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The Kinship Blog

Most of what characterizes my life today—work, family, and faith—looks little like what I thought it would when I graduated from college in 1980. Because of my sexual orientation, nothing is as I expected. I still identify as Seventh-day Adventist, but I do not have the same relationship with my church as I once had. I am open about my...

Most of what characterizes my life today—work, family, and faith—looks little like what I thought it would when I graduated from college in 1980. Because of my sexual orientation, nothing is as I expected. I still identify as Seventh-day Adventist, but I do not have the same relationship with my church as I once had. I am open about my orientation to most people, and I have been in a relationship for nearly twenty-five years. Don’t let that fact, however, lead you to make assumptions about my theology. That I am a professing Christian is applauded by some and questioned by others. LGBT acquaintances and some heterosexual friends often ask me why I continue to associate with a faith community that has had a checkered relationship with its LGBT members. Others wonder how I can consider myself a Christian while in a relationship.

In addition to the why-do-I-continue and the how-can-I-consider-myself questions are a multitude of other questions that people have asked me over the years.

Naturally, people want to know when and how I first became aware of my orienta­tion. Others are interested in my spiritual experience and how my faith and my orientation intersect and perhaps collide. Many questions revolve around my reparative therapy journey and how that impacted my belief in God and my relationship to the church. I am often asked about the pivotal moment I decided to stop trying to change my orientation and the events that led up to that moment. Related to that decision is the question of short- and long-term consequences. I’ve been asked about where I see God in the whole journey—before counseling, during counseling, and since accepting my orientation. And, finally, others want to know about my relationship, how it has evolved over the years, and the impact it has had on my life.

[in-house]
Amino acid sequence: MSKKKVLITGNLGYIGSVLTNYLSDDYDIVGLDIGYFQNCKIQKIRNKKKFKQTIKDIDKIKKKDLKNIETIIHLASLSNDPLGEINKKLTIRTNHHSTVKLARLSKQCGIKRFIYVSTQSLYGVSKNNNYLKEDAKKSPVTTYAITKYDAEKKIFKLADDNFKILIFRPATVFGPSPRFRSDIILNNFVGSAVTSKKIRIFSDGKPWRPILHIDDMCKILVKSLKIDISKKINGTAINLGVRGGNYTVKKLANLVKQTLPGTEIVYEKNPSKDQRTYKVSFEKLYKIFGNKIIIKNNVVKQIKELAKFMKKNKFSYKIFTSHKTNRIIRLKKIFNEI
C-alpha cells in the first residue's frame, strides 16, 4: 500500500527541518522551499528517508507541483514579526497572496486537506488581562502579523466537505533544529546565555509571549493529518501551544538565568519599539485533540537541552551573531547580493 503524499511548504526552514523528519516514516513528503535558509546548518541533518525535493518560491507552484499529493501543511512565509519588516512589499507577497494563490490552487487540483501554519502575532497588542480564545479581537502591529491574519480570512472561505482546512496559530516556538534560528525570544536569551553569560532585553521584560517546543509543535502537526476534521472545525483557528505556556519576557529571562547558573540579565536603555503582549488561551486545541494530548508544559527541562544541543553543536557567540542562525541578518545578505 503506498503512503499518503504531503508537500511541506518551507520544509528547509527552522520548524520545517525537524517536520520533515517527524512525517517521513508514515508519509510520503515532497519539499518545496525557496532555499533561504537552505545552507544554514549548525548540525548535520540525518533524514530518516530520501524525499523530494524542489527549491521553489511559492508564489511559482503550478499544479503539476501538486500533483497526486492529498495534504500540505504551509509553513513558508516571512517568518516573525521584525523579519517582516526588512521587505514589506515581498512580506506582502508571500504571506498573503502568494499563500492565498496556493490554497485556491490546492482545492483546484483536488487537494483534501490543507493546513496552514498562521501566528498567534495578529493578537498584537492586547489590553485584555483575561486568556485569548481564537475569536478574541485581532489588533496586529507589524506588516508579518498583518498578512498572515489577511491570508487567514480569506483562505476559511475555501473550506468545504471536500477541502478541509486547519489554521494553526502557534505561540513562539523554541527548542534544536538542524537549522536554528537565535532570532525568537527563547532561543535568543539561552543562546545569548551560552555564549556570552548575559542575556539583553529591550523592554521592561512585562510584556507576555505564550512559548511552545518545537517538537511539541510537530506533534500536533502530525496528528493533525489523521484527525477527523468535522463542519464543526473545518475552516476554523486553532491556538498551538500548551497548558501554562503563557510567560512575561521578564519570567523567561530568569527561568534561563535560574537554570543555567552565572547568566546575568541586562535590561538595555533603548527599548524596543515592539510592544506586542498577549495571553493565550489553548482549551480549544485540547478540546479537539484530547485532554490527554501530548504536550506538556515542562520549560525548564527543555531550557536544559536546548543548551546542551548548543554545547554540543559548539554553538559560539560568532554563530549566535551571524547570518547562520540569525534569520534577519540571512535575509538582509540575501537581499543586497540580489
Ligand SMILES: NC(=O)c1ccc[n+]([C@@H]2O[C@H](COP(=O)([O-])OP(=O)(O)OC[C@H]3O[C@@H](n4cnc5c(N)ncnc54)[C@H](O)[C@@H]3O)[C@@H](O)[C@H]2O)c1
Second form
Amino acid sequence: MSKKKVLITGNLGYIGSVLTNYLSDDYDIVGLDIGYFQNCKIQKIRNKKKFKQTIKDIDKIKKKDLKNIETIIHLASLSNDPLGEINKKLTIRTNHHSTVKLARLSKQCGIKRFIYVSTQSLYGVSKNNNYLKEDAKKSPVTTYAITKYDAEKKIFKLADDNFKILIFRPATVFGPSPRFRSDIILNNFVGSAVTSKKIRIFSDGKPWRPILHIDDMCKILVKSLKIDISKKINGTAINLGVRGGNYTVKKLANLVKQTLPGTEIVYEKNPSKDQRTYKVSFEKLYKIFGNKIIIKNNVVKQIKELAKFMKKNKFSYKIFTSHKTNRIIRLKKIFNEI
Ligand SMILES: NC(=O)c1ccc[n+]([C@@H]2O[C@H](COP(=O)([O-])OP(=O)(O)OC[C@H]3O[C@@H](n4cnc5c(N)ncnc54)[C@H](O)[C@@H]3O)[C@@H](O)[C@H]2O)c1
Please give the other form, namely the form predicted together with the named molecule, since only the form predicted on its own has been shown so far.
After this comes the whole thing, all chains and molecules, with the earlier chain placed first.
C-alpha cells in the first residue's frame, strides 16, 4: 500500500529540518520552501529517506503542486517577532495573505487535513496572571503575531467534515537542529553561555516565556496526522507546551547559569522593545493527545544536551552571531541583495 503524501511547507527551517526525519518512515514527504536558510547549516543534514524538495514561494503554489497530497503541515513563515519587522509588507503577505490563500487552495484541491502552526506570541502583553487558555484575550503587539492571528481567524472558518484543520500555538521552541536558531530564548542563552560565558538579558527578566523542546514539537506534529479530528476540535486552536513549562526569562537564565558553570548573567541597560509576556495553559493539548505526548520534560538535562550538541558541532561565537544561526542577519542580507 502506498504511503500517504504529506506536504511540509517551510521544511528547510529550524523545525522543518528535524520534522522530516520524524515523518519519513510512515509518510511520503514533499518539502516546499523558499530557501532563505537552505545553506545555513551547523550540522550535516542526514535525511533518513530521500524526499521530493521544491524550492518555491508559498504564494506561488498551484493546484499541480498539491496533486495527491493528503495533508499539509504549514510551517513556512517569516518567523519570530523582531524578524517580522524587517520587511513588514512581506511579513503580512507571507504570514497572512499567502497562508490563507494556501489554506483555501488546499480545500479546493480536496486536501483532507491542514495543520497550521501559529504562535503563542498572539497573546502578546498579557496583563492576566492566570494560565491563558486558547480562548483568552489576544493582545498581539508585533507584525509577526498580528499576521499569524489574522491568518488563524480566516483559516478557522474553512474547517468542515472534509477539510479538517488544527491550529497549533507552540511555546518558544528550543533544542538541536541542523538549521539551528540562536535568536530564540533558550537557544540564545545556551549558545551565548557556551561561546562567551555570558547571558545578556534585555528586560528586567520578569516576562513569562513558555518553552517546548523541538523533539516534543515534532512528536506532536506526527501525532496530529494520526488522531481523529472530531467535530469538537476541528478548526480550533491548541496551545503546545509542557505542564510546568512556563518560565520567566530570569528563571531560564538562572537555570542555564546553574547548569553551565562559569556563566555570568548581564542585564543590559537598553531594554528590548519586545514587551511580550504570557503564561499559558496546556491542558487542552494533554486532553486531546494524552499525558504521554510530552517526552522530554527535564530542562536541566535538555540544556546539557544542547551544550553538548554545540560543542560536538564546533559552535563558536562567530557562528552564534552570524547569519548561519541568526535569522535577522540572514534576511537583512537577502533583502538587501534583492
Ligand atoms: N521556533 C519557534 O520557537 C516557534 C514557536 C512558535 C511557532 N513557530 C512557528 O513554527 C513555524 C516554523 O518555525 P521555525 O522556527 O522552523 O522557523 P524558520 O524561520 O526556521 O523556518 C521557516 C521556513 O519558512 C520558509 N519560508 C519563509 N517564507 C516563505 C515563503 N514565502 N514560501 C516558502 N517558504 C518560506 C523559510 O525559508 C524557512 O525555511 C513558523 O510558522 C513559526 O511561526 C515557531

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Journey - Chapter 27

The Devil I Knew

BY JERRY MCKAY

Spring in Japan is the season for sakurami—cherry-blossom viewing. Weather networks predict and track the northern progression of blossoming just as they would track the progression of warming temperatures. By early April, the greater Tokyo area is awash in soft pink and often warm enough to sit outside. When my schedule allowed, I sat in the sun on the roof of the four-story office building in which the language school was located. The view was less than spectacular in this area of low-rise office buildings, but the architecture and the odd neglected cherry tree along the street or in a vacant lot confirmed I was in Japan. Looking out over the city, I did a lot of reflecting and journaling about my uncertain future. 

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JOURNEY Chapter 26

"Forbidden Colours"

BY JERRY MCKAY

From Reading, Pennsylvania, I traveled to Toronto and stayed with my sister for a few days. Robert met me there and drove me to Ottawa where he wanted me to stay. Despite my longing to do so, I was in absolutely no state of mind for any relationship let alone a same-sex relationship. Within a month, I left him for the only relationship I thought I could manage—Japan.

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JOURNEY Chapter 25

"A Victorious Failure"

BY JERRY MCKAY

After Colin’s unwanted sexual advance, one would think I would have fled Reading. Or, at the very least, pulled Keith, Colin’s colleague, aside and proposed an “I’m asking for a friend” scenario. I didn’t. Instead, I was completely silent. I did not speak to Sharon, Colin’s wife. I continued to interact with friends at Quest as if nothing were amiss. I did not call my parents or reach out to Perry who, of all people, expressed concern about my going to Reading.

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